The GDPR – 4 months on
We have now all had time to consider the changes that have been made to our businesses since the GDPR came into force in May.
Many companies have reacted well to the compliance requirements, while others are still grappling with what it all means and whether they could in fact operate under their existing pre-GDPR policies. Most knew that changes were required to their privacy notices or statements so that they met the transparency principle as regards to letting data subjects what, how, why and for how long they hold personal data. Those who embraced the full compliance programme became aware that there are other documents that their business needed to demonstrate that they had done what was expected of them under the new regime.
The majority of businesses also came to understand that the GDPR doesn’t affect only the large, data heavy companies, but every business that takes even the bare essential personal data (names, addresses etc.) to complete transactions with their customers and suppliers. The Regulation affects the small family owned business and the corporate giants alike.
Boards have been put under pressure to commit resource to this surprisingly far-reaching legislation which has infiltrated almost all aspects of their business. IT, HR, Governance and Marketing teams have been drawn in to explain their data processing activities internally, while commercial teams have been caught up identifying their third party suppliers and those who have access to customer or employee personal data. In such cases, GDPR mandatory data processing contracts have been put in place to ensure cooperation, security and control of the data when it leaves your business. Whilst cumbersome, many companies will rest assured in the knowledge that a data breach by a third party, should one occur, will place that supplier in the direct path of the Information Commissioner’s Office (ICO) and any failure or negligent handling of personal data will be focused squarely on them, and not you. That is, of course, assuming that you have shown that you are compliant with your own data protection obligations.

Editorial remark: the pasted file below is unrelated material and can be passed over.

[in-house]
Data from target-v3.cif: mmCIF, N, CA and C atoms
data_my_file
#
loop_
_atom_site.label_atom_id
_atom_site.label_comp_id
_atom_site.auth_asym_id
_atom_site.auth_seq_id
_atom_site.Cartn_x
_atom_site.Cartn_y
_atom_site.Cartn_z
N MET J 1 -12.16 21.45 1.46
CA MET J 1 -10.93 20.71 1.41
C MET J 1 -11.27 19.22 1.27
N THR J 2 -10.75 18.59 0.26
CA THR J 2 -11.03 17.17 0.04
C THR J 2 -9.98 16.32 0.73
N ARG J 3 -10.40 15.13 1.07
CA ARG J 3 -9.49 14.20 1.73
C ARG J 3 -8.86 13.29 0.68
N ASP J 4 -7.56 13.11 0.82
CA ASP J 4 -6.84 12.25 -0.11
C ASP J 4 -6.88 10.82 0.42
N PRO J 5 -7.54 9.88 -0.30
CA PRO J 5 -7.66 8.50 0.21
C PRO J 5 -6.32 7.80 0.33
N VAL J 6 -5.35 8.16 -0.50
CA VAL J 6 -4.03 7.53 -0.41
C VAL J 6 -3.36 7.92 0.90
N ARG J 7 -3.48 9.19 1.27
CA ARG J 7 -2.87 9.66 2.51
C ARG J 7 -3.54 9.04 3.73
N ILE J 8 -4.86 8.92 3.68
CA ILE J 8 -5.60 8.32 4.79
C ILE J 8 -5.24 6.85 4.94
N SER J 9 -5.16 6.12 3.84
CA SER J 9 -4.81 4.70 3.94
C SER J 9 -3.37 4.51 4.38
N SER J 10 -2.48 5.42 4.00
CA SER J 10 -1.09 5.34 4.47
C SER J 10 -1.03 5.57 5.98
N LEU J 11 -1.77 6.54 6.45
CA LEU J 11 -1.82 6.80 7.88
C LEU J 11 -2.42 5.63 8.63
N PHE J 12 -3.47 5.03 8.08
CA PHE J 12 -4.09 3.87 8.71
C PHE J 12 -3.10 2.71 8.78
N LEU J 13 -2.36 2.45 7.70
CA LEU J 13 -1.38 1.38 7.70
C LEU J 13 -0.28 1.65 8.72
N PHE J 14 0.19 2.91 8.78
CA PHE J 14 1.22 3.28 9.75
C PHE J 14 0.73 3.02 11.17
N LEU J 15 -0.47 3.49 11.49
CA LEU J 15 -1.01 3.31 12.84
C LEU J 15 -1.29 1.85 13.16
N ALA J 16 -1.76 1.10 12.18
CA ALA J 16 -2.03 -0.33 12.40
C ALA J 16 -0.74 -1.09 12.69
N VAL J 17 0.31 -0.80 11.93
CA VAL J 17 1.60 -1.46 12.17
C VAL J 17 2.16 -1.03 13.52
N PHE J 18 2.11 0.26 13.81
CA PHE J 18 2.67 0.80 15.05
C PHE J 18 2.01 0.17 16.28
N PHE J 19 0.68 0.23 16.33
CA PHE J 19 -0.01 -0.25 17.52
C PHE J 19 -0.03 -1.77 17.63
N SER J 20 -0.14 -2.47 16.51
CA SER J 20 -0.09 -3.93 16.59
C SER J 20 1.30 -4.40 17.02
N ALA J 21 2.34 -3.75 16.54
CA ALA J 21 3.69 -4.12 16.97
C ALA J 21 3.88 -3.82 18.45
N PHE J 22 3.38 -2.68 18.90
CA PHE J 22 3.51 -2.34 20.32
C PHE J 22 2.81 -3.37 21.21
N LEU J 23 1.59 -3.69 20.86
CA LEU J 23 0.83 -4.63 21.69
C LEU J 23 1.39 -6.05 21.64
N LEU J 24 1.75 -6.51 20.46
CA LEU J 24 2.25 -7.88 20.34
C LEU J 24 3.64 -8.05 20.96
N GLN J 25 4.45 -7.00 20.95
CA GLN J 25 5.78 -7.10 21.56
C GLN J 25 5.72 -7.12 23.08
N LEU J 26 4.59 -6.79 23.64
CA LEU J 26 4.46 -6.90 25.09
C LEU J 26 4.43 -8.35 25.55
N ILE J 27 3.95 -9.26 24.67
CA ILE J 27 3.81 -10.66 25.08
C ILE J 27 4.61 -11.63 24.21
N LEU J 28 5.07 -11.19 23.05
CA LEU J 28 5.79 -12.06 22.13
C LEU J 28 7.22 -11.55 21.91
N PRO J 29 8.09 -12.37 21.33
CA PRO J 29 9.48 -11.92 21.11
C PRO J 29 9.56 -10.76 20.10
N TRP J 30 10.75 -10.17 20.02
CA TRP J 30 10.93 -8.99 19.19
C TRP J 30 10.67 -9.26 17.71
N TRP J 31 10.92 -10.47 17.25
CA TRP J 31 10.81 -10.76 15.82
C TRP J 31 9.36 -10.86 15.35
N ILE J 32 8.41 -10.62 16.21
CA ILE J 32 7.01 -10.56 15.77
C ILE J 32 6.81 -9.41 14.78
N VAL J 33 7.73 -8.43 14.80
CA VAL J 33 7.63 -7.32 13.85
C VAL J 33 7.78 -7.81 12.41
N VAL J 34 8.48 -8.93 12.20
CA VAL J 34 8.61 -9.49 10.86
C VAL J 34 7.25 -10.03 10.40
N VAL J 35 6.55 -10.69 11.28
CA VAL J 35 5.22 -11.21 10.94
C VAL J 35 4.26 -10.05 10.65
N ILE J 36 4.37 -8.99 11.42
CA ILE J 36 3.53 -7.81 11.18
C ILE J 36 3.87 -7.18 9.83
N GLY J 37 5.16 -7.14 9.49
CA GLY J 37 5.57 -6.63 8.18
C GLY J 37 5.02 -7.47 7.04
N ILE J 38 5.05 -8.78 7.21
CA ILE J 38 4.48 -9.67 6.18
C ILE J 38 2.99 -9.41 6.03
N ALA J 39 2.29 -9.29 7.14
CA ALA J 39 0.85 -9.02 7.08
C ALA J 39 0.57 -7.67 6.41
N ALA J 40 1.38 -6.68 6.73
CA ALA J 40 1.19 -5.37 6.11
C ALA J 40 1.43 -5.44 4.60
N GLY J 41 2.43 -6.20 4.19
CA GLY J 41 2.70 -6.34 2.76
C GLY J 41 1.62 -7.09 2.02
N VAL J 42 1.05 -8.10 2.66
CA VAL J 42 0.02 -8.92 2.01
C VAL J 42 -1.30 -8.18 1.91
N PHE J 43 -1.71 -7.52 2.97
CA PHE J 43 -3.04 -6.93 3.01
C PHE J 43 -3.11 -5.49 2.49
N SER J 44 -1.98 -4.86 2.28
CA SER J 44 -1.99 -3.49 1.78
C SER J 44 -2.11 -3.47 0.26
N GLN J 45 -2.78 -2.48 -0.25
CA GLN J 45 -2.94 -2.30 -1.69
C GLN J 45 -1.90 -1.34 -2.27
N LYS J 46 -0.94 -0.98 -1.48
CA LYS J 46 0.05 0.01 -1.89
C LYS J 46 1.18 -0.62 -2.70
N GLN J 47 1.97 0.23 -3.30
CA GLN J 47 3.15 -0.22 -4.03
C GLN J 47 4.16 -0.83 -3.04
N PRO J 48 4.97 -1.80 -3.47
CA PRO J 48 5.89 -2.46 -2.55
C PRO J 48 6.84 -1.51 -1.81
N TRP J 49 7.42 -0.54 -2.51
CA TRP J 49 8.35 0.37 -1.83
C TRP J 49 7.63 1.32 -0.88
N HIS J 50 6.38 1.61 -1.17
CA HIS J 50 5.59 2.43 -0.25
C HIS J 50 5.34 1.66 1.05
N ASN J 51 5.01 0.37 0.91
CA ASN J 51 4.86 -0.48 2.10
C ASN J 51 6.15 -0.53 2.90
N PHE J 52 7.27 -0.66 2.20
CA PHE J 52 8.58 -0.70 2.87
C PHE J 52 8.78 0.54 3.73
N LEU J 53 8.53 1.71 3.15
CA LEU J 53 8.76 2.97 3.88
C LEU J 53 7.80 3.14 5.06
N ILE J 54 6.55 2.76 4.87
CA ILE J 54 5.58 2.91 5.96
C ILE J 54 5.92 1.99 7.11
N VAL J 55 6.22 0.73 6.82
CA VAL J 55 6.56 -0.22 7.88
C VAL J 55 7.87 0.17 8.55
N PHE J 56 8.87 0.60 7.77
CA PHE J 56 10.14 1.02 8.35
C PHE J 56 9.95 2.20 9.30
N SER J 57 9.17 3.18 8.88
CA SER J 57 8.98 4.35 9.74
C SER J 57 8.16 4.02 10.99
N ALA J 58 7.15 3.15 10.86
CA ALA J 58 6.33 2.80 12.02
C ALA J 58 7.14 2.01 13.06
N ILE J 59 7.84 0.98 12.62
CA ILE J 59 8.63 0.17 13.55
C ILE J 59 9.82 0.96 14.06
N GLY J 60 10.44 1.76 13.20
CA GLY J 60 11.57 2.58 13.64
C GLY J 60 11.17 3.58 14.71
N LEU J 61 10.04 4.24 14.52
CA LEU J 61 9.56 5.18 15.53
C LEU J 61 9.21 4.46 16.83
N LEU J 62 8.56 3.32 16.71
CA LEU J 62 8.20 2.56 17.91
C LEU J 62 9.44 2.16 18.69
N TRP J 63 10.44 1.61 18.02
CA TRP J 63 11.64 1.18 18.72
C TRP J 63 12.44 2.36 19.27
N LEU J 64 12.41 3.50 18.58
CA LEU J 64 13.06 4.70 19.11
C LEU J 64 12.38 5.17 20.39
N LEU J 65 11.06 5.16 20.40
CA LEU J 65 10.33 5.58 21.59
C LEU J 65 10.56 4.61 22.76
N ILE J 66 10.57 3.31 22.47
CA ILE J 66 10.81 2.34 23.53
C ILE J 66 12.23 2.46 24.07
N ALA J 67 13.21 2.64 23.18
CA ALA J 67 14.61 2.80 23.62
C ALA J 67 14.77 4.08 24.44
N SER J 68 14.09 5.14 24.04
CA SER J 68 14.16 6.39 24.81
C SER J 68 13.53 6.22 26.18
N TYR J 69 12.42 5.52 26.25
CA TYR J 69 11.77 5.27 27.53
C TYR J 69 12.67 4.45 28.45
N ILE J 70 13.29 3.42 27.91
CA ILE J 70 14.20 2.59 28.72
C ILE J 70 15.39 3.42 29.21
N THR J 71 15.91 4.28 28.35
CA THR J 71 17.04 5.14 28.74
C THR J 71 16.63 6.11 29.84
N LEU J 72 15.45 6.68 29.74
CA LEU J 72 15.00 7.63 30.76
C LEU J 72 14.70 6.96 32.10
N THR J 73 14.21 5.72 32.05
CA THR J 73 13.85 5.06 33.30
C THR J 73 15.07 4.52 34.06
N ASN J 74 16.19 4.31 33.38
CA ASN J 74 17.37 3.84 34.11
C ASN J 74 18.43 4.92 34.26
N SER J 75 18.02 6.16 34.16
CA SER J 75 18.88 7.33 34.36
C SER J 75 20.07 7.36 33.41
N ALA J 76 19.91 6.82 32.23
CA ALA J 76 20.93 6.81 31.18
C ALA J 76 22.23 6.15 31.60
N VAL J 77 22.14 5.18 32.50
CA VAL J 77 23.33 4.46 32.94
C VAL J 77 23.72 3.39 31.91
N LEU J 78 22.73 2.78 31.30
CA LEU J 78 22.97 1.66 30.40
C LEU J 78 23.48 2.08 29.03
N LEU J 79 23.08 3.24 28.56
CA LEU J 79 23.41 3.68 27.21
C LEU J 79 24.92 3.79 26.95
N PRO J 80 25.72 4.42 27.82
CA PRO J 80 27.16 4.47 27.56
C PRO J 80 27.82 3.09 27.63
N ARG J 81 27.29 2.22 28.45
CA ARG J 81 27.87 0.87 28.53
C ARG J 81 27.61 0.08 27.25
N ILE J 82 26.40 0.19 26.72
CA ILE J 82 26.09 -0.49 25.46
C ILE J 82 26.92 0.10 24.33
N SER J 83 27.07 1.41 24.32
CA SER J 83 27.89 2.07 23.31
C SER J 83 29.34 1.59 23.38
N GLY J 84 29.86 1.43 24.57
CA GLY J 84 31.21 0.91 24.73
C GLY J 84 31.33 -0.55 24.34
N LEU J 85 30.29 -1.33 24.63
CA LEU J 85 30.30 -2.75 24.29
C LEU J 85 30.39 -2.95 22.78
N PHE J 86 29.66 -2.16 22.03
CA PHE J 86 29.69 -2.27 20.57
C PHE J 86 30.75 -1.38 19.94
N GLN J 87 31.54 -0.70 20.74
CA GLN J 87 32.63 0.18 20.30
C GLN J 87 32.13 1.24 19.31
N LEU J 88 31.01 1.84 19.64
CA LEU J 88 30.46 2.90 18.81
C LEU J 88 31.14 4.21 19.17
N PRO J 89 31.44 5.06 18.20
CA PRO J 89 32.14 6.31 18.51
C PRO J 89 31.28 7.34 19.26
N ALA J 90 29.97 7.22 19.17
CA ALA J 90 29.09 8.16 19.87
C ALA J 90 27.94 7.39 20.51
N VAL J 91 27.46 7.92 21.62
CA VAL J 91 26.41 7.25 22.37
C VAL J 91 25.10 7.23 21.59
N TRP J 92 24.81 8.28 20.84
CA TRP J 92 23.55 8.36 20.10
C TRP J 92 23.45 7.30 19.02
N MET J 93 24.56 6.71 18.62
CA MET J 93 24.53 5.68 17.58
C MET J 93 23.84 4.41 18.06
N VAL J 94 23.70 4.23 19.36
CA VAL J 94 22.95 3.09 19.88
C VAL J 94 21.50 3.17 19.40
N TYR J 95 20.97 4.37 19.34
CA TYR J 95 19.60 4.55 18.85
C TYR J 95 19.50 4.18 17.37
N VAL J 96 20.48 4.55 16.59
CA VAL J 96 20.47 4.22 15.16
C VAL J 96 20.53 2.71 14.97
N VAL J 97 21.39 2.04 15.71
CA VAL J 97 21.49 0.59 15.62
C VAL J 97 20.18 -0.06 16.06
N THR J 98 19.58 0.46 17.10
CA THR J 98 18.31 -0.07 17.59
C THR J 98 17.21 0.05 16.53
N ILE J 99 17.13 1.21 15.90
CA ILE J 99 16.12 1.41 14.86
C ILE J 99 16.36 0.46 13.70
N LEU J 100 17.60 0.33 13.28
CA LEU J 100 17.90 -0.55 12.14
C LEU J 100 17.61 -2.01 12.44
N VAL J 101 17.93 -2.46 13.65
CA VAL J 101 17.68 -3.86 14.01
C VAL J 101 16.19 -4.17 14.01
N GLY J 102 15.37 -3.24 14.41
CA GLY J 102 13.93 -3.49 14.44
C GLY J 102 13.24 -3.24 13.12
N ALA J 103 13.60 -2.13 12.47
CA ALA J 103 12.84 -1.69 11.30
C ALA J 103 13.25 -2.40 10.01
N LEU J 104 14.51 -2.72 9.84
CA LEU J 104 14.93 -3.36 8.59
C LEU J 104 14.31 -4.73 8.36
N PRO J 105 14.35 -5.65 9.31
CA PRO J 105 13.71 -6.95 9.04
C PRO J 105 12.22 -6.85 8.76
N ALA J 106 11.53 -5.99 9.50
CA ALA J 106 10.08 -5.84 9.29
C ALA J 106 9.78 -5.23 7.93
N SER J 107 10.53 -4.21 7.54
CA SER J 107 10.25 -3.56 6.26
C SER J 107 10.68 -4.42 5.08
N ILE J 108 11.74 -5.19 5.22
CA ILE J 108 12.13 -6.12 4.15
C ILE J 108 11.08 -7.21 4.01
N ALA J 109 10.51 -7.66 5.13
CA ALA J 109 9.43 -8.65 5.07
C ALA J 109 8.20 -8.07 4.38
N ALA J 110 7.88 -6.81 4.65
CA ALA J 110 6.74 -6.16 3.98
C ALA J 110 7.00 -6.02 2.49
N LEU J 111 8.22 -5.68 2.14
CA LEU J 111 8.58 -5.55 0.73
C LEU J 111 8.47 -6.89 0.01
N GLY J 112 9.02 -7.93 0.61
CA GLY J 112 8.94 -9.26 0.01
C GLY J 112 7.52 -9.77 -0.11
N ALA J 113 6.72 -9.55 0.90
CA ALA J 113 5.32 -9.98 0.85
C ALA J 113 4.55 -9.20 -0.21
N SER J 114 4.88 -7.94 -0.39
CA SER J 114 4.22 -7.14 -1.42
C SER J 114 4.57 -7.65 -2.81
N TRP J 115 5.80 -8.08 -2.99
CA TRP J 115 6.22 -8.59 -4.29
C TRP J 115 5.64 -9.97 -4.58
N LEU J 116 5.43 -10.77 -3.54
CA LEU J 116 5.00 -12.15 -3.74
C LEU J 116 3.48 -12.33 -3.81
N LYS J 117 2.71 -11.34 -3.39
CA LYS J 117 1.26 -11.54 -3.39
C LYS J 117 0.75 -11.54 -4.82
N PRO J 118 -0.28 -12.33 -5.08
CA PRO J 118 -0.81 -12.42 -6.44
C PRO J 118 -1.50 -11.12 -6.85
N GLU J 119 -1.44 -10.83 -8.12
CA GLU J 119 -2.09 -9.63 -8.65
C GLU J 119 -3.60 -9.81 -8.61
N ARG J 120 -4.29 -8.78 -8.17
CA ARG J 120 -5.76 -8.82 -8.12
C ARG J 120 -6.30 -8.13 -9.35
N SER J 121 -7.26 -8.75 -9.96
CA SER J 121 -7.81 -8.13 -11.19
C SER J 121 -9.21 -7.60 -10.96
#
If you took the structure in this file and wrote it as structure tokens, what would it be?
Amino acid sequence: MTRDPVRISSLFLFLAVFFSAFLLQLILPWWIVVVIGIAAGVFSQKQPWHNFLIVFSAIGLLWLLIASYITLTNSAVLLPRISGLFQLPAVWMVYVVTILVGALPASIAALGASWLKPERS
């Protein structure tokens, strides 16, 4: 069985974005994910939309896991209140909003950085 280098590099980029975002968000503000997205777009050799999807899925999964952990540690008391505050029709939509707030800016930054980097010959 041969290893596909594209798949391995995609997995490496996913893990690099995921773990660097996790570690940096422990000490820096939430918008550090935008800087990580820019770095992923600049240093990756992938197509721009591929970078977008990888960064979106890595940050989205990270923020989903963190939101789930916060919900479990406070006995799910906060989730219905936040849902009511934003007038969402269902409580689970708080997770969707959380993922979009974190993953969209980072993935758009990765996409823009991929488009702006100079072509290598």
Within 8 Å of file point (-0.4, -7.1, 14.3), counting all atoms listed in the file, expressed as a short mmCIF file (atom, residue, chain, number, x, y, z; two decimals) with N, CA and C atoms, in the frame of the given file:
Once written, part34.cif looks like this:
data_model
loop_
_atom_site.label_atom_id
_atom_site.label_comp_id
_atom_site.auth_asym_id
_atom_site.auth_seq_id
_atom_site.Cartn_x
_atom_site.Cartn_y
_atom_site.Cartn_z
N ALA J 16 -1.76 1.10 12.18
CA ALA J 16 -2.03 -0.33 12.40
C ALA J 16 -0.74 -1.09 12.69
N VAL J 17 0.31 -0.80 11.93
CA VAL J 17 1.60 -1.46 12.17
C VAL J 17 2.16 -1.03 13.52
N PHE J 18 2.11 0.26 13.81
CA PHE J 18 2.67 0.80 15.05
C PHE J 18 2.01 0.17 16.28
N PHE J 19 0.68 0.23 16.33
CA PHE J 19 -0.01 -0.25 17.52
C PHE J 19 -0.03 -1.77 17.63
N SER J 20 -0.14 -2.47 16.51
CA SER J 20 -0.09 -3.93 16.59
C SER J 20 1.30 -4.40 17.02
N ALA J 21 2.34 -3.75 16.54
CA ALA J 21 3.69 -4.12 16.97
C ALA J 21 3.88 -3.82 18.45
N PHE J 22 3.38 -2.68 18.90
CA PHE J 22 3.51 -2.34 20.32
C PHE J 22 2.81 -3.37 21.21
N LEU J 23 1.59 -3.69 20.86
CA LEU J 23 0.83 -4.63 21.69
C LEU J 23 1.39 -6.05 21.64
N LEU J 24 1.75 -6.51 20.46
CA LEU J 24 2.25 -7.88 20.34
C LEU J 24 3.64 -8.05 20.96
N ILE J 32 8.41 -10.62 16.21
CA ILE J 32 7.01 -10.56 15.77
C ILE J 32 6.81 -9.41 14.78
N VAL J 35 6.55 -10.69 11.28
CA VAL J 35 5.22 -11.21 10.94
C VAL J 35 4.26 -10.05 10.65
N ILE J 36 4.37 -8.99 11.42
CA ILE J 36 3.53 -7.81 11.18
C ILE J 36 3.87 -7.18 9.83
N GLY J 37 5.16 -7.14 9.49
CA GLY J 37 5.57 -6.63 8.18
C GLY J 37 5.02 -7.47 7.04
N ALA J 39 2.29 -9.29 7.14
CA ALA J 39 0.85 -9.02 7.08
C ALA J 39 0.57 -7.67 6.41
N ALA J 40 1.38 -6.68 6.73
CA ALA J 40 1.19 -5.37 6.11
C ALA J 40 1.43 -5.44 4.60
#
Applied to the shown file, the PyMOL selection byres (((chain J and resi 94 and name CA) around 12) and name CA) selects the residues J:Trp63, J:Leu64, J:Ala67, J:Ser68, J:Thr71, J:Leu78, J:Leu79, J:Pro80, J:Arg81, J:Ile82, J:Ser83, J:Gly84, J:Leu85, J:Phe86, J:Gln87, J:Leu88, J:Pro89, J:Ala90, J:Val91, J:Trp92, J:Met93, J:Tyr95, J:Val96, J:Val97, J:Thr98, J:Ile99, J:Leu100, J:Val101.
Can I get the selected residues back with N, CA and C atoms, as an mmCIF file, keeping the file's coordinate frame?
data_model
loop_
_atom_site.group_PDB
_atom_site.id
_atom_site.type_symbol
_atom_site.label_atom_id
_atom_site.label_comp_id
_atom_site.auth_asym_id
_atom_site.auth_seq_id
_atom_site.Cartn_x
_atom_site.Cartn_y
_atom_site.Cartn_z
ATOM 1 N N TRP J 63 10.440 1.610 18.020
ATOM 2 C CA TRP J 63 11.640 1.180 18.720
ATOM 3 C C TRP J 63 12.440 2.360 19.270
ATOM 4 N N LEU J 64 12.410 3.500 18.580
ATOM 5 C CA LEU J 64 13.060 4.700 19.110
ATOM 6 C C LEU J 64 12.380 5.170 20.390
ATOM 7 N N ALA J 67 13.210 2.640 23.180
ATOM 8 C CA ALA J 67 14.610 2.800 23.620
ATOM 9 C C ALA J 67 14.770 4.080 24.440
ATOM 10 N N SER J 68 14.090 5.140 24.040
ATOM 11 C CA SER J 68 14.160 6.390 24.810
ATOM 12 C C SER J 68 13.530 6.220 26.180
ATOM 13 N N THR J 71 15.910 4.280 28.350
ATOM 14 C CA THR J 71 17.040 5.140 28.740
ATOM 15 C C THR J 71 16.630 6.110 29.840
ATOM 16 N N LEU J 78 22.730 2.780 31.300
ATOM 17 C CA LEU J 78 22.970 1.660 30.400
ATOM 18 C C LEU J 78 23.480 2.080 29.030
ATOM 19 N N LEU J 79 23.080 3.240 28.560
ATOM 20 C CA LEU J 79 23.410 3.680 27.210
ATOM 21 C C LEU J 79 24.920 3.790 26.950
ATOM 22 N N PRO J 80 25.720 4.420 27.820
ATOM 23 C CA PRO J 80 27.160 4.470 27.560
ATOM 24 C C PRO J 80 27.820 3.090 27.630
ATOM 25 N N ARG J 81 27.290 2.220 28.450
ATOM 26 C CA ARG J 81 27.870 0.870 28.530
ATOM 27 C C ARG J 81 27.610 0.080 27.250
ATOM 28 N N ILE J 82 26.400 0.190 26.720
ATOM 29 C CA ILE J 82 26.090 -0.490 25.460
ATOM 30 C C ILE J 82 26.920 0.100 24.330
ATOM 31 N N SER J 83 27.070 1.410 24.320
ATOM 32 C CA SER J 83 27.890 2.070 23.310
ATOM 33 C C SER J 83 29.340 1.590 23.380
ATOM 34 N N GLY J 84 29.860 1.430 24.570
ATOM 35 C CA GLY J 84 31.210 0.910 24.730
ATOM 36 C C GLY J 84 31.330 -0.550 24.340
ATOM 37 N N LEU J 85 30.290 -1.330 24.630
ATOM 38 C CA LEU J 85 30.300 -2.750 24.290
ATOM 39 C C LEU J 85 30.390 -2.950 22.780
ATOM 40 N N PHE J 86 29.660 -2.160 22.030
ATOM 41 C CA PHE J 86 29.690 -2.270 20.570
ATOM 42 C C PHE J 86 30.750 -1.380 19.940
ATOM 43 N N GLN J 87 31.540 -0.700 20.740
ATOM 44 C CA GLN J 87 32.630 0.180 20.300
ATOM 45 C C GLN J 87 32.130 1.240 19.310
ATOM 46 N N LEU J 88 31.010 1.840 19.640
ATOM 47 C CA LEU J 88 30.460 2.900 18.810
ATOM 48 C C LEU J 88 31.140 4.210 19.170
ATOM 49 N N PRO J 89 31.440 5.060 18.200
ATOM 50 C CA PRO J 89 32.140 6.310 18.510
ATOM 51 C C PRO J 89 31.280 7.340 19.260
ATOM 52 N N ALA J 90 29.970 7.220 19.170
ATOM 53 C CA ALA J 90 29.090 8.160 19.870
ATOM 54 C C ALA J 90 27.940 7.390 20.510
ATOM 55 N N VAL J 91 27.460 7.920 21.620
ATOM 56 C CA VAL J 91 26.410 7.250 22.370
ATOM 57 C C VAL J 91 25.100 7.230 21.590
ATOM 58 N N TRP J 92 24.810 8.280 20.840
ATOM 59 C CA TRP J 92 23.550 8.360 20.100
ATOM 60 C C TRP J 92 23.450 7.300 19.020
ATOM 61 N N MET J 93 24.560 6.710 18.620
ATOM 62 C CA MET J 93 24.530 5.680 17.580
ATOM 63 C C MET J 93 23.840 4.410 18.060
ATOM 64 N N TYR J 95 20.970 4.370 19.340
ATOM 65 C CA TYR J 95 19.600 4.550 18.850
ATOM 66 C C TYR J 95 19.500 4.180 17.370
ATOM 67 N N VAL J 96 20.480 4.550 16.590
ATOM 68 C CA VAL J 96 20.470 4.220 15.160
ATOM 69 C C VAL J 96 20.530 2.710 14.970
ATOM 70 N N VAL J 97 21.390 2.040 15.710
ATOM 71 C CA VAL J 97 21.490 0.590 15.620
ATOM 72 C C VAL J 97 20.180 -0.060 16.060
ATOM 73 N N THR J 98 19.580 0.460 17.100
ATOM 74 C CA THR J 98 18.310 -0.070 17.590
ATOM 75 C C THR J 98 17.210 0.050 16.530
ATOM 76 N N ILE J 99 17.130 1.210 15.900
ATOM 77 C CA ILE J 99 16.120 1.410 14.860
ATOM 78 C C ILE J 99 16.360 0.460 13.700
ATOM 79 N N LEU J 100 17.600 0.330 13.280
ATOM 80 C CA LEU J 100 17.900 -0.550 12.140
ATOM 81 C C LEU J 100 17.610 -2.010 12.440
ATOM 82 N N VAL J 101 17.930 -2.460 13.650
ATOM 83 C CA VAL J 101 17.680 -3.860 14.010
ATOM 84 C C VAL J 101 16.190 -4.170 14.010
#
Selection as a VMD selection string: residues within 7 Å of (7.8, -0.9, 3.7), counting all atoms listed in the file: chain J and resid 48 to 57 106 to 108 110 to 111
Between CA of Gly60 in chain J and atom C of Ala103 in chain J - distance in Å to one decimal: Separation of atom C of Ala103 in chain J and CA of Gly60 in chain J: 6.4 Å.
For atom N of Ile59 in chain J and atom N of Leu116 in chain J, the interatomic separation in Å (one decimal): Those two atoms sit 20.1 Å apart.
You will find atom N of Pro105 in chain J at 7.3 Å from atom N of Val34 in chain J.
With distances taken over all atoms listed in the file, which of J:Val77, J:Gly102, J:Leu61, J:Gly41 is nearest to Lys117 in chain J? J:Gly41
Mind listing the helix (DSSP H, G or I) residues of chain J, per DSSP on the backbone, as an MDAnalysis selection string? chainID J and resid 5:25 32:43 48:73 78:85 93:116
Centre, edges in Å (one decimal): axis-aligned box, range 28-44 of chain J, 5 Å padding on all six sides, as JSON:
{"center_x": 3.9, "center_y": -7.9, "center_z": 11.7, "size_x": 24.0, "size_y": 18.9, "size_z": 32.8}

Businesses that operate with high quantities of personal data or special category data have been particularly responsive, knowing as they do that they are vulnerable to sanctions should sensitive data fall into the wrong hands. These companies have compiled records of their processing activities. They have also ensured that a data breach policy has been prepared and an individual nominated within their company to deal with breach reporting. This person will take the reins and liaise internally with those who can assist with the investigation and deal with damage limitation when faced with lost or stolen documents, or a cybersecurity breach to their systems. A comfortable position for many board directors at this point is the knowledge that when panic sets in, they have a robust plan and have someone to lead the way.
The ICO have confirmed that so far, of all the data breaches reported since May, 1 in every 5 has been due to a cyber incident and half of all these was the result of phishing. It is therefore more important than ever to make sure that your employees not only get the data protection training required but that this training doesn’t lapse. Regular monitoring of your IT systems combined with a raised data consciousness of your staff will serve to minimise breaches occurring.
500 or so breaches are now reported to the ICO on a weekly basis which shows the magnitude of the problem. Some of these don’t meet the reporting criteria although businesses are showing heightened responsibility in making contact and treating cybersecurity and data protection as a boardroom issue, which is to be commended. For those who have, to this point, tried to ignore the “hype”, I advise that you get with the programme, the compliance programme, that is.
I hope that this blog has been helpful but please don’t hesitate to contact me, Louise Weatherhead at Louise.firstname.lastname@example.org or by telephone on 0191 2263699 or speak to another member of the Data Protection Team if you require any further information.